Greetings to you all. Fellow Micronesians, lovers of Micronesians and everyone else. Hope you had a pleasant weekend. I know I did
I just returned from a visit to the USA in Micronesia. The great US colony of Guam. I know, I thought it was a territory, but now I know better.
I am always reminded why our founding Fathers decided against the territory or commonwealth option when I visit America in Micronesia, AKA Guam. Coming from the islands, one is always overwhelmed by the noise, crowding, pace and lack of locals. It is refreshing to get back to the “outer islands” which is what some people in Guam consider the sovereign nations of FSM, Palau and RMI. Imagine that, a colony of the US calling sovereign nations with diplomatic ties to the US and seats at the United Nations as “outer islands”. It must be a mistake.
I am always bothered by our story being told by others. How about you? Are you tired of people who live outside of FSM, RMI and Palau telling you what your problems are? Telling you what you need the most? Telling you what you should do? We are 30 years into the Compact of Free Association with the US. When will we tell our own story and others believe that as the truth?
Here is the source of my disappointment in the story-telling of Micronesia. It comes from an expert of Micronesia. In an article titled ‘Japan achieved success in Micronesia unlike any other’ Father Francis X Hezel had this to say about the development of Micronesia – past & present:
He said the Japanese era achieved levels of success that were never matched by the U.S. during its post-war administration of Micronesia, or during the current independence era in the Marshall Islands, Palau, and the Federated States of Micronesia, as well as the U.S. Northern Marianas Islands.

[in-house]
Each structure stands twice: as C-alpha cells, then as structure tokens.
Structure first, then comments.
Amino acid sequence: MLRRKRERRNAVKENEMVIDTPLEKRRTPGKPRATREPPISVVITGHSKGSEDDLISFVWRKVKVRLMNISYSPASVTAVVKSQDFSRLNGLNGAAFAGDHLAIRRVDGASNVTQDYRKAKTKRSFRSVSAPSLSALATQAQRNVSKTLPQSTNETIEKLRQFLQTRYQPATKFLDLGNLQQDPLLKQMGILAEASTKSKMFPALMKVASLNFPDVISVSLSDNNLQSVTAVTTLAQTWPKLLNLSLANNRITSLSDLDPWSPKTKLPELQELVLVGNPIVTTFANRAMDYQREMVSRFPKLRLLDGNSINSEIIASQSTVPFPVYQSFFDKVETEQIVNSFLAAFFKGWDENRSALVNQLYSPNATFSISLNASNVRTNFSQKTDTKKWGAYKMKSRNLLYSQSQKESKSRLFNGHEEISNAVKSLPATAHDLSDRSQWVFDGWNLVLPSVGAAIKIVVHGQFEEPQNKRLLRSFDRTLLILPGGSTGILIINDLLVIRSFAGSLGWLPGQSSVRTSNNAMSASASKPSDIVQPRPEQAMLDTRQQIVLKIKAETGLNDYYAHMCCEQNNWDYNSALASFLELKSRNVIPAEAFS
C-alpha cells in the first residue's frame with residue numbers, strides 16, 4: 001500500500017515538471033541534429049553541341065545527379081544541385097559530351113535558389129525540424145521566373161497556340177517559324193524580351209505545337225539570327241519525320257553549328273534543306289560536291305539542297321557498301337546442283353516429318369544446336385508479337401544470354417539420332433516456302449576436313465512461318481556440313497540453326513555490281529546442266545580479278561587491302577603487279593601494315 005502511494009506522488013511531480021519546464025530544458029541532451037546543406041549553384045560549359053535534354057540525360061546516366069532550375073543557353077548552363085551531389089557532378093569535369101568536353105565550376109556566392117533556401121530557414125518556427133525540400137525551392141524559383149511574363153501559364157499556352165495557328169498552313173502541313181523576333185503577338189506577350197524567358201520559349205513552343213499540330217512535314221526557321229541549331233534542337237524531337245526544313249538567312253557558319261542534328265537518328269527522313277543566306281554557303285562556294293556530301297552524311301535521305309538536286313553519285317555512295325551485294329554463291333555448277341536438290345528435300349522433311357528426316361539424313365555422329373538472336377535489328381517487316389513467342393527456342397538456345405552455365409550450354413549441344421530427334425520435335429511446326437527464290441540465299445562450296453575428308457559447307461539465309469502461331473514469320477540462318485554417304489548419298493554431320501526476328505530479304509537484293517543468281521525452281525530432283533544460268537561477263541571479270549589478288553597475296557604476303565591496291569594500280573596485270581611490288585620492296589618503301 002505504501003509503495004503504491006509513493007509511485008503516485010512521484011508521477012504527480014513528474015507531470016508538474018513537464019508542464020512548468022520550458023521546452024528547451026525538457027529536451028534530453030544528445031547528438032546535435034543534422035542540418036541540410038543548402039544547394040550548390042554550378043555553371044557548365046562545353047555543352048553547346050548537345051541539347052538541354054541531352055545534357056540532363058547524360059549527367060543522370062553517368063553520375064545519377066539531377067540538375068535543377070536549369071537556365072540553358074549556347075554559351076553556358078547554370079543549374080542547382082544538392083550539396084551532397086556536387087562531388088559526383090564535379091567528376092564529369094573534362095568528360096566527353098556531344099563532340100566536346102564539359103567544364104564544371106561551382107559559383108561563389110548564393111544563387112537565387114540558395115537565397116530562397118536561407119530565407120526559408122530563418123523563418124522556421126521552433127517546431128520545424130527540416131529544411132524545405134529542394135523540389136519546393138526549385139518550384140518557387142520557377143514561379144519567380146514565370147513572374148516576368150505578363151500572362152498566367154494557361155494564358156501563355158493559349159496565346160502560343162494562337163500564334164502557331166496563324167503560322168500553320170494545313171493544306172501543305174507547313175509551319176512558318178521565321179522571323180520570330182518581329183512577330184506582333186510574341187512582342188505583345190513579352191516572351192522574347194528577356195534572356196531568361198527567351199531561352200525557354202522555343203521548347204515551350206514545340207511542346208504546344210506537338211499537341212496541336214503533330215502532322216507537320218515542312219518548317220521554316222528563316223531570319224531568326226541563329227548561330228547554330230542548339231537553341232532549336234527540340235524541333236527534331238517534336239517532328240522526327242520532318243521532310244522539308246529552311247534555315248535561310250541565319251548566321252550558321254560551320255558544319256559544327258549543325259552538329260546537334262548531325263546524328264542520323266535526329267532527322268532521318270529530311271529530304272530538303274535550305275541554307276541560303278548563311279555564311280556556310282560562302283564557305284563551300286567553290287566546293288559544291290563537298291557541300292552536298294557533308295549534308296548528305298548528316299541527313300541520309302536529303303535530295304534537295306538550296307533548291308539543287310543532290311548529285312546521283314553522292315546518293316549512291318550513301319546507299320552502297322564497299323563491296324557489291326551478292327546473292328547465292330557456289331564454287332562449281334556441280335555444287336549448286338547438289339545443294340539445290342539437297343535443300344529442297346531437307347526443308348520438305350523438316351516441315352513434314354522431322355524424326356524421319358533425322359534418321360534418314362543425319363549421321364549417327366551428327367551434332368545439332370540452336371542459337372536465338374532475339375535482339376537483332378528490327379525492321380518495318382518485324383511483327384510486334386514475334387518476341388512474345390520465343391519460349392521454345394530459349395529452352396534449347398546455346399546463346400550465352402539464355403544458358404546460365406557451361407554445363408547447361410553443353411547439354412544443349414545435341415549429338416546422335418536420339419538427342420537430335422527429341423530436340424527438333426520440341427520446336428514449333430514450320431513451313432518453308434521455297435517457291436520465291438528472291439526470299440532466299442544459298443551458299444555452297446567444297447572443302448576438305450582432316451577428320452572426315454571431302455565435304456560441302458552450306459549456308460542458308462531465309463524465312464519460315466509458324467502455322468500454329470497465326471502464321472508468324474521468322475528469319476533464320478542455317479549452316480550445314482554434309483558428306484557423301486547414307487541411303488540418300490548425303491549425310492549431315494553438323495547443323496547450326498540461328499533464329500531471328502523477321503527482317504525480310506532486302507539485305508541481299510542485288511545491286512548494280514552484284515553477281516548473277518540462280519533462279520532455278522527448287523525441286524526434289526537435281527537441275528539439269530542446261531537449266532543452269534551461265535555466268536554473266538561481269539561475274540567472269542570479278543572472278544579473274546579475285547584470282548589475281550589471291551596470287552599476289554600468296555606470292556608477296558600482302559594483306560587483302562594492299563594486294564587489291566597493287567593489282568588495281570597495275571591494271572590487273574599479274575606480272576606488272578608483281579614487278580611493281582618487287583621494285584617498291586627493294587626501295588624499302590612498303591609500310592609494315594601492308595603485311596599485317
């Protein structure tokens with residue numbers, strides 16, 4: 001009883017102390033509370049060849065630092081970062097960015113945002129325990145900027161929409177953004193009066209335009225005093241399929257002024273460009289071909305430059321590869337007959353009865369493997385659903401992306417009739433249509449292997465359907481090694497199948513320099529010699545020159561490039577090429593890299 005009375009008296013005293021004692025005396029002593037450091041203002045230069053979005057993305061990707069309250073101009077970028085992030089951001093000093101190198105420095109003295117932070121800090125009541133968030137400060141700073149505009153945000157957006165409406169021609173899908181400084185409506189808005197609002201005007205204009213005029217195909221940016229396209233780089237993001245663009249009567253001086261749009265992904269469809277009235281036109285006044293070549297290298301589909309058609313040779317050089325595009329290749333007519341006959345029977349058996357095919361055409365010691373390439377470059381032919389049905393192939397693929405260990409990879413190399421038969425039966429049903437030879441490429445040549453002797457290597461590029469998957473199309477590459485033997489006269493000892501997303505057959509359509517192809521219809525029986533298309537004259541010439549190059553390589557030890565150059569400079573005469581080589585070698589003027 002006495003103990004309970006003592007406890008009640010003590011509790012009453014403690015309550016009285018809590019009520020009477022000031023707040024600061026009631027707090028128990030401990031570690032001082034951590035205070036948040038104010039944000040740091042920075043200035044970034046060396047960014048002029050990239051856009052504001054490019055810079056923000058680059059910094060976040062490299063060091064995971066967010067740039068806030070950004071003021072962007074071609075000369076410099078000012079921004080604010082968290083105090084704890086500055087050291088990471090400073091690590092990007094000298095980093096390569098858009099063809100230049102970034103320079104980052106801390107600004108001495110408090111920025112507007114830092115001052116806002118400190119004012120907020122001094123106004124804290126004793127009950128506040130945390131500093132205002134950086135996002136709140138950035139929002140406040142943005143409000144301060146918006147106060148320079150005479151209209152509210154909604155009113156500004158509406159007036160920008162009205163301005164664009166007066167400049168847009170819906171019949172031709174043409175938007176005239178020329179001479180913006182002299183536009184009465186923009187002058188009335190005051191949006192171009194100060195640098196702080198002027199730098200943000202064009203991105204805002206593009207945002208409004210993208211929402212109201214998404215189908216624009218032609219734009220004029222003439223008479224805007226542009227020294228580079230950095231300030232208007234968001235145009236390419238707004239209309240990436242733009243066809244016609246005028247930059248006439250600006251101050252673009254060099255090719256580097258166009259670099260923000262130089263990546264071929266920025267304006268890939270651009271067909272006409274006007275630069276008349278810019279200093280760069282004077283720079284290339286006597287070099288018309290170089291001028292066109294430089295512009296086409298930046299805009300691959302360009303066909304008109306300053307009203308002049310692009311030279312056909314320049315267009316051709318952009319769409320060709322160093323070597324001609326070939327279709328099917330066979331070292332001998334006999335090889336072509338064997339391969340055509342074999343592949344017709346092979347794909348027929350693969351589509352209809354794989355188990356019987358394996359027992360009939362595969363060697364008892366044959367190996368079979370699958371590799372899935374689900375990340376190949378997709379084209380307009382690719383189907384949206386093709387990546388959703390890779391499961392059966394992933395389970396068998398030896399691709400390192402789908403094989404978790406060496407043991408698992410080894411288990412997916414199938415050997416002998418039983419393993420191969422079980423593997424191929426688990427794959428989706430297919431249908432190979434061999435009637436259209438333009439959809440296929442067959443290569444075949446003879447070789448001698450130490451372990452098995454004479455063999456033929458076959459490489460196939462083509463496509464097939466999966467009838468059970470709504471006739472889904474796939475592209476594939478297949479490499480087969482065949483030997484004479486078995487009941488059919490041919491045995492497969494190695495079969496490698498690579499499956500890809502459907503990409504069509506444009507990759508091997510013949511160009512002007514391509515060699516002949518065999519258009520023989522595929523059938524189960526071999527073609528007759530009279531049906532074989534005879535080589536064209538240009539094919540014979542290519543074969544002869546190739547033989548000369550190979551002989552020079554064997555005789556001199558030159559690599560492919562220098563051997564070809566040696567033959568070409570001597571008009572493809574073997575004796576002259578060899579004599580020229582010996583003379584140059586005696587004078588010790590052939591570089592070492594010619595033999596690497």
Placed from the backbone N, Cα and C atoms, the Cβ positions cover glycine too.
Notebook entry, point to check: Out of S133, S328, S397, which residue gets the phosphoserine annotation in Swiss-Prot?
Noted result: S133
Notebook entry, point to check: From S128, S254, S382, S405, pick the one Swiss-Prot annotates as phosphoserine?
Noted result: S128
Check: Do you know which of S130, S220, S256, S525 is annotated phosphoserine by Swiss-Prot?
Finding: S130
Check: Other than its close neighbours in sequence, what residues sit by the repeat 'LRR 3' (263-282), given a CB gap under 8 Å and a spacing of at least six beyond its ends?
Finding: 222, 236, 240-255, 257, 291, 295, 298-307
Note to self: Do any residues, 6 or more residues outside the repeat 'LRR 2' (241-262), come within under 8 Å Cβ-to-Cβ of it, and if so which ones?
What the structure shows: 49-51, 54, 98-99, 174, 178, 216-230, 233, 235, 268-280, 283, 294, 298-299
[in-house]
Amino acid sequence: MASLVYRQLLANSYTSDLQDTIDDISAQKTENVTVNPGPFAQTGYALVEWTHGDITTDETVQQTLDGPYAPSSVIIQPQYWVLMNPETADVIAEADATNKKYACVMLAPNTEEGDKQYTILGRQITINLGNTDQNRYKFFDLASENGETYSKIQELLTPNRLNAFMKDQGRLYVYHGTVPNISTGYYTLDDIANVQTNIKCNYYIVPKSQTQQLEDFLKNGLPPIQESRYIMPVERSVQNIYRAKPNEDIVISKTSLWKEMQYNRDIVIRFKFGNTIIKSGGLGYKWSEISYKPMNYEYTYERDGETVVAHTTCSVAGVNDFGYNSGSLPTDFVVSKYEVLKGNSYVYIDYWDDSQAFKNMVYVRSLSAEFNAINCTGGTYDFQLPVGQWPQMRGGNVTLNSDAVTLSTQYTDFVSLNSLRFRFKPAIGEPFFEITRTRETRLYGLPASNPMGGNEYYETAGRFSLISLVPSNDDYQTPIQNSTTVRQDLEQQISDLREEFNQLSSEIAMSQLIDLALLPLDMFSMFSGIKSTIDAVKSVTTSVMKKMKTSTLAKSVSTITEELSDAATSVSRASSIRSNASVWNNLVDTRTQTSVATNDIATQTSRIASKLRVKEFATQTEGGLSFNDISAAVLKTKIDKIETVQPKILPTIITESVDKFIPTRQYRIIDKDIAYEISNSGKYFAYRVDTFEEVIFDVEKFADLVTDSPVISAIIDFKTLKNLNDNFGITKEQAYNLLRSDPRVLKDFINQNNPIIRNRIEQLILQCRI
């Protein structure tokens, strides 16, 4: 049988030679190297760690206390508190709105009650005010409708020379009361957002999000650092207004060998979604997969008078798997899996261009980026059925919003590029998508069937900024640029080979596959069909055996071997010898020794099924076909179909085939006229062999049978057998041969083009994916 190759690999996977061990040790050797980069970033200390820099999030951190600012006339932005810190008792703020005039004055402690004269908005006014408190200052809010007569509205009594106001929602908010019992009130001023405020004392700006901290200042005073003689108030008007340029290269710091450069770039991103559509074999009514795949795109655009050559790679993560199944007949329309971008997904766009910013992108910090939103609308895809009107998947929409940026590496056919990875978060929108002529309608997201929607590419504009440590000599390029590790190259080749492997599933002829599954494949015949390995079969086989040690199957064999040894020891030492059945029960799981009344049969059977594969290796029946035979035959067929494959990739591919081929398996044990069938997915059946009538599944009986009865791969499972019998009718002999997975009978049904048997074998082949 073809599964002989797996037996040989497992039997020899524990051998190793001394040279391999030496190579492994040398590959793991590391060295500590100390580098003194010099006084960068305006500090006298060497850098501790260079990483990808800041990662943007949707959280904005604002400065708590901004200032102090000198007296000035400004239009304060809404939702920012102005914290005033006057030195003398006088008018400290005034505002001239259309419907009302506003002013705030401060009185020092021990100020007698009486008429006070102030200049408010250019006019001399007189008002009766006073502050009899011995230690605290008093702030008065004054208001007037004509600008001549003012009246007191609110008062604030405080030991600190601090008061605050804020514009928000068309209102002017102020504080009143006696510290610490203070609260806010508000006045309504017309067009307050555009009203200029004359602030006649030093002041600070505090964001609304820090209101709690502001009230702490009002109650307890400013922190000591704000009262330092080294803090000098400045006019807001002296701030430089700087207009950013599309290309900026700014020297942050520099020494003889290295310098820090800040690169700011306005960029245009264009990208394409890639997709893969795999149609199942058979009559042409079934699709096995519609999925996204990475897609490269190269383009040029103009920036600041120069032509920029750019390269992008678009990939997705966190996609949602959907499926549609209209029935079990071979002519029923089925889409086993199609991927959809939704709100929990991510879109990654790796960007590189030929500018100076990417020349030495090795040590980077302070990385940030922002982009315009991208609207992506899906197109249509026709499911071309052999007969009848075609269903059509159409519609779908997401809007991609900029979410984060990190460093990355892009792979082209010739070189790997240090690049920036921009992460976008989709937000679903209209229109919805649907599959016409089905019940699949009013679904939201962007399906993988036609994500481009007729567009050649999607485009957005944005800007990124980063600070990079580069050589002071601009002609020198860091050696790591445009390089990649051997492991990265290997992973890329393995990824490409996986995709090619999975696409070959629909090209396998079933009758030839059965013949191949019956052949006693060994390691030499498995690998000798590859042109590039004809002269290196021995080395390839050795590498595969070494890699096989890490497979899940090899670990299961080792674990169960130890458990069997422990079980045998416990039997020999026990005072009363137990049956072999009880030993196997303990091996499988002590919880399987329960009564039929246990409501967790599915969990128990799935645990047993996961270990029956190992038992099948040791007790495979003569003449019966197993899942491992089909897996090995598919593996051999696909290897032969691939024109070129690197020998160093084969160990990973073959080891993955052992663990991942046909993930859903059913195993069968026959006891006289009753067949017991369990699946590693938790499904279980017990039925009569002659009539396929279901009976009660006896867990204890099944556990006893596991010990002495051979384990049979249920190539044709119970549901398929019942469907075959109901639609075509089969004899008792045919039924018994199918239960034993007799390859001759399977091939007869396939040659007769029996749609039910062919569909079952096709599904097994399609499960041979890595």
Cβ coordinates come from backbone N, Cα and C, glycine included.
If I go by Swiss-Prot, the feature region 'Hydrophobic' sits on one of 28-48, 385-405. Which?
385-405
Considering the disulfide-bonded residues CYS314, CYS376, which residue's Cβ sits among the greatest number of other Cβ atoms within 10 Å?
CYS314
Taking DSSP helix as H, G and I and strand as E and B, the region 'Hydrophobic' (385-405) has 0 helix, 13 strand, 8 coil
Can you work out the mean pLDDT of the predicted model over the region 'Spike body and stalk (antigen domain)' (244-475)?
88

Any level of success achieved under foreign rule is NOT a success for the people who are being ruled. I can’t seem to understand the logic here. Let’s see what else was brought up to justify the success of Japan in Micronesia:
“The sugar industry was bound to have an enormous impact on these islands. For instance, the Japanese and Okinawan population in the Northern Marianas exploded, from well under 2,000 in 1920 to more than 40,000 by 1937,” Hezel noted.
Why would that spell success for the Micronesians? A population explosion of foreigners on our islands is a success? Let me share the last insult to Micronesians:
Hezel said sugar cane plantations on Saipan, Tinian and Rota brought in more than 6 million yen, more than all other regional industries combined. Tuna fishing, which dried the fish and turned it into tuna shavings or katsuobushi at factories on Chuuk, Pohnpei, Palau and Saipan, produced revenue of over 5 million yen annually, Hezel said.
And where did that 6 and 5 million yen go? Did it stay in the Islands? Go back to Japan? Who decided where that money was used and for who? We all know the answers.
I have much respect for Father Hezel. He documented our history very well at the Micronesian Seminar and for that I am forever grateful. I am just confused as to why he would point out a time when we, the people of Micronesia, were being ruled as a “success”? It almost seems as if he is saying we are better off being ruled by other countries. I’m sure he doesn’t mean it, say it isn’t so! 🙂
Whatever sort of success Japan had during their time here in Micronesia was very much enjoyed by the Japanese. They ran the government, the schools, the sugar cane fields, the tuna processing plants. If our people cannot determine the course of our own destinies, it will never be called a success by us. Never.
Our story in Micronesia as FSM, RMI and Palau continues on. Let’s leave the past in the past and push forward to make better stories for ourselves and our partners (former rulers).
See you on the next blog or my Podcast powered by Anchor.